Prenups and Power Imbalance

12 MAY 2021


Australia has an increasingly globalised population. The 2016 Census states that one-quarter of Australians are born overseas. Many overseas Australians migrated to Australia for love. In some instances, a practice for Australians sponsoring an overseas partner to migrate to Australia, is to ensure that they enter into a prenuptial agreement. On the surface level, the law surrounding pre-nuptial agreements seem simple enough. The parties draft an Agreement and sign the Agreement after receiving legal advice from their lawyer about the advantage and disadvantage of the agreement.  

Things are more complicated than what the Family Law Act says.  What if the migrating partner comes from different cultural background, with little English skills? What use would the advice about the advantage and disadvantages of a prenuptial agreement be to a migrating partner with no English skills? 

Marsdens Law Group acted in Beroni & Corelli [2021], a Full Court decision which dealt with the above issues. In Beroni & Corelli, both parties were migrant Austrlaias. Mr Beroni had been in Australia since the middle of the 20th century. Ms Corelli migrated to Australia in the 2009. They entered into a relationship in 2010. They signed an Agreement in 2011. Both of them had legal advice with a qualified solicitor about the Agreement. The Full Court set the Agreement aside.  

So what went wrong? Ms Corelli couldn’t speak English. She was of a different cultural background. Her solicitor only spoke English. Ms Corelli only had 30 minutes consultation with her solicitor. Having found this, the Family Court found that there was an inherent power imbalance here that Mr Beroni did not attempt to address.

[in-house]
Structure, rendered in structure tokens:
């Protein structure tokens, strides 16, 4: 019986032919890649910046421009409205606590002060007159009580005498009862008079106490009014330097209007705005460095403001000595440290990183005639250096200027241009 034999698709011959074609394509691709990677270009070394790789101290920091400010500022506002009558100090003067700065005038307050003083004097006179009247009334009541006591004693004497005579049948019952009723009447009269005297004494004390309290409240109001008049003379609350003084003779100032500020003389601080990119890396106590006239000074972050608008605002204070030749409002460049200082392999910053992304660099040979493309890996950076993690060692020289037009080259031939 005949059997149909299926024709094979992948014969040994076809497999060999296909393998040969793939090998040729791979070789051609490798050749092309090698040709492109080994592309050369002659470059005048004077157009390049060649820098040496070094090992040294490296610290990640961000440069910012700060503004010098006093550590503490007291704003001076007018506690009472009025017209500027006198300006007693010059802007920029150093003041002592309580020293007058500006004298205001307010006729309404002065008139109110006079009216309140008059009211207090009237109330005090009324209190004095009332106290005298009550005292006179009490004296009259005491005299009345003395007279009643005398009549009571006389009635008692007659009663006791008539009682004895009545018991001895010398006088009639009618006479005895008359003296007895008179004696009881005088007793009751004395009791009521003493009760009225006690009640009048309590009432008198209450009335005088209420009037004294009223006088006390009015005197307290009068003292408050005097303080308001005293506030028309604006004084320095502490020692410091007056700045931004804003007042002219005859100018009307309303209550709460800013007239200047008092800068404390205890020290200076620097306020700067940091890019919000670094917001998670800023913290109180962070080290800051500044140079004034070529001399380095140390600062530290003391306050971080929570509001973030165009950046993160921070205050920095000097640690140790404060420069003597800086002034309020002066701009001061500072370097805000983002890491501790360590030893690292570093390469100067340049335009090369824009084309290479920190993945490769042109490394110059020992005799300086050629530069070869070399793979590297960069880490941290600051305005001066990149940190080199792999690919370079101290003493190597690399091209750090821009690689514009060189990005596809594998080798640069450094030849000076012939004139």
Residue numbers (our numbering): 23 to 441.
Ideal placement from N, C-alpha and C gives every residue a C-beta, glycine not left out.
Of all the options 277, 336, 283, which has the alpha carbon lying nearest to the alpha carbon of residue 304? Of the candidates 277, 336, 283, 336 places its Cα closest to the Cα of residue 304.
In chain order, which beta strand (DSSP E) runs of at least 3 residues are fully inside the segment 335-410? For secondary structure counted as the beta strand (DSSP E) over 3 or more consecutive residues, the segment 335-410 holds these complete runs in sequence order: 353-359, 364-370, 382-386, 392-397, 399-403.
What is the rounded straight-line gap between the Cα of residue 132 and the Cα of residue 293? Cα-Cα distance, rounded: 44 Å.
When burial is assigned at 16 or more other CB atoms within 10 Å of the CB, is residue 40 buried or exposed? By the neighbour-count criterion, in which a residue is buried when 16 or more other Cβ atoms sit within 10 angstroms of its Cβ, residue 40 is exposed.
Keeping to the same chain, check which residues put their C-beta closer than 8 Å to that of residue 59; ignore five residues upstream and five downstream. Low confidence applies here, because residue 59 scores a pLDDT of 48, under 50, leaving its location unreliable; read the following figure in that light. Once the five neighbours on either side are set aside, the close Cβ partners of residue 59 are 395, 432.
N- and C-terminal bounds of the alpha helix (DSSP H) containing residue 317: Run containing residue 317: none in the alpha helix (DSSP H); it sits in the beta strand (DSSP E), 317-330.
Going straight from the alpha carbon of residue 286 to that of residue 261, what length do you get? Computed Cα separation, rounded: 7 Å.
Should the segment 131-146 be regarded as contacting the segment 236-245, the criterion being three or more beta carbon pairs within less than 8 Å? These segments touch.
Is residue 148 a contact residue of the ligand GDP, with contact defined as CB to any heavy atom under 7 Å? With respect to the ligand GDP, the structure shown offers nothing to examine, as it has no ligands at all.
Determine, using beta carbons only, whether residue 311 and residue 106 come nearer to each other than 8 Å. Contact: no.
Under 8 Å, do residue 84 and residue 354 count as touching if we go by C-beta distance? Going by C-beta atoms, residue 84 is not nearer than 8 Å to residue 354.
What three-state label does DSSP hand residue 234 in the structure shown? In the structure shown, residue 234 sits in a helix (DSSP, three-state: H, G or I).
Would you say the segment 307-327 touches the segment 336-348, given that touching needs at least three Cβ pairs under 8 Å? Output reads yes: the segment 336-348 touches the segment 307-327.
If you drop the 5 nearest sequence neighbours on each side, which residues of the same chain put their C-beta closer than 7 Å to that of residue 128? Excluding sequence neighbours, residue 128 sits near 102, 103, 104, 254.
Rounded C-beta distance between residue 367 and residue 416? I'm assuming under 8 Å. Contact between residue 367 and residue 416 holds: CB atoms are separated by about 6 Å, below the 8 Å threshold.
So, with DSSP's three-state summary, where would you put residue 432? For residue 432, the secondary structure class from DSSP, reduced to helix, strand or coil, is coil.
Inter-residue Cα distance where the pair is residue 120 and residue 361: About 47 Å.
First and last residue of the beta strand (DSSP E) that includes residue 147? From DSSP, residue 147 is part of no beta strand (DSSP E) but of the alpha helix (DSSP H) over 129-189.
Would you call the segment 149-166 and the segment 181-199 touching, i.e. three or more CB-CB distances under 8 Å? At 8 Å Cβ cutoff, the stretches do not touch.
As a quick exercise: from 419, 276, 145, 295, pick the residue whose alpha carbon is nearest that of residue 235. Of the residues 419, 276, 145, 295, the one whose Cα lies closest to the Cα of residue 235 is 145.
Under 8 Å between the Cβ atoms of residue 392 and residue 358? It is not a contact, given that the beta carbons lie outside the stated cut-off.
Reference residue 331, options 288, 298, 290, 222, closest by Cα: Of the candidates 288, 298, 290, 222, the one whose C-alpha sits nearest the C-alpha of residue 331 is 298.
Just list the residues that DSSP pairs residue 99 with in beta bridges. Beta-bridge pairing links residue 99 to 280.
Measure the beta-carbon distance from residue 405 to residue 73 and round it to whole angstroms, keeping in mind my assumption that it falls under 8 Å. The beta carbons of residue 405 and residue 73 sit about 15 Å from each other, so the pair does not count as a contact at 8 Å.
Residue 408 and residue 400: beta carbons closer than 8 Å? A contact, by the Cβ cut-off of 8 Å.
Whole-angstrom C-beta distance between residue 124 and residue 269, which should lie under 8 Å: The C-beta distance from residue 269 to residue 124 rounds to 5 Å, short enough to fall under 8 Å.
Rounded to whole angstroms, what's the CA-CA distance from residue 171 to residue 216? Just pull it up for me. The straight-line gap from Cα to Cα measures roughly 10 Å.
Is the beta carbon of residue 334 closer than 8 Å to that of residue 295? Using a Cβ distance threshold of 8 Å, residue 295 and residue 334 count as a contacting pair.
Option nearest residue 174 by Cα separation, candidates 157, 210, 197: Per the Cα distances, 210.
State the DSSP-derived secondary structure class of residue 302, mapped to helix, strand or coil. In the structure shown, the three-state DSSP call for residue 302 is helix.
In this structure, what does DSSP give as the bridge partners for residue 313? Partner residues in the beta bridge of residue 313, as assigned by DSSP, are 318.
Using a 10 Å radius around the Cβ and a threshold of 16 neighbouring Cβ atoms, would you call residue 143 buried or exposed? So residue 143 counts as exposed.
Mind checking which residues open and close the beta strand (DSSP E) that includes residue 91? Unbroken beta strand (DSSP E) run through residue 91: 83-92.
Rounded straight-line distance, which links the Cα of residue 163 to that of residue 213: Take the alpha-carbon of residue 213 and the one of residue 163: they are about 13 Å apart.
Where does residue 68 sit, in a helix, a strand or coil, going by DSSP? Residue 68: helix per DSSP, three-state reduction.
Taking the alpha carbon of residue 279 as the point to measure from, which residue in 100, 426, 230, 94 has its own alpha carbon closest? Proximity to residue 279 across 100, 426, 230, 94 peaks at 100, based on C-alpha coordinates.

This is a cautionary note to all who take a simplistic view of a Prenuptial Agreement by following the strict words of the Family Law Act. Even though the formalities were observed, the Full Court wants the ‘more powerful’ party to go further and make sure that the ‘less powerful’ person has a level playing field. A level playing field could be provided if Ms Corelli had an interpreter or had a longer consultation with her lawyer. If these were provided to Ms Corelli, things may have been different.

If you have questions regarding the above article, please contact our Family Law team on (02) 4626 5077). 

The contents of this publication are for reference purposes only. This publication does not constitute legal advice and should not be relied upon as legal advice. Specific legal advice should always be sought separately before taking any action based on this publication.

Posts you may find interesting


POSTED: 26 Feb 2024
In the event of a couple's separation, whether it occurs during an engagement or after marriage, the question often arises as to whether the engagement ring should be returned or kept.
Read more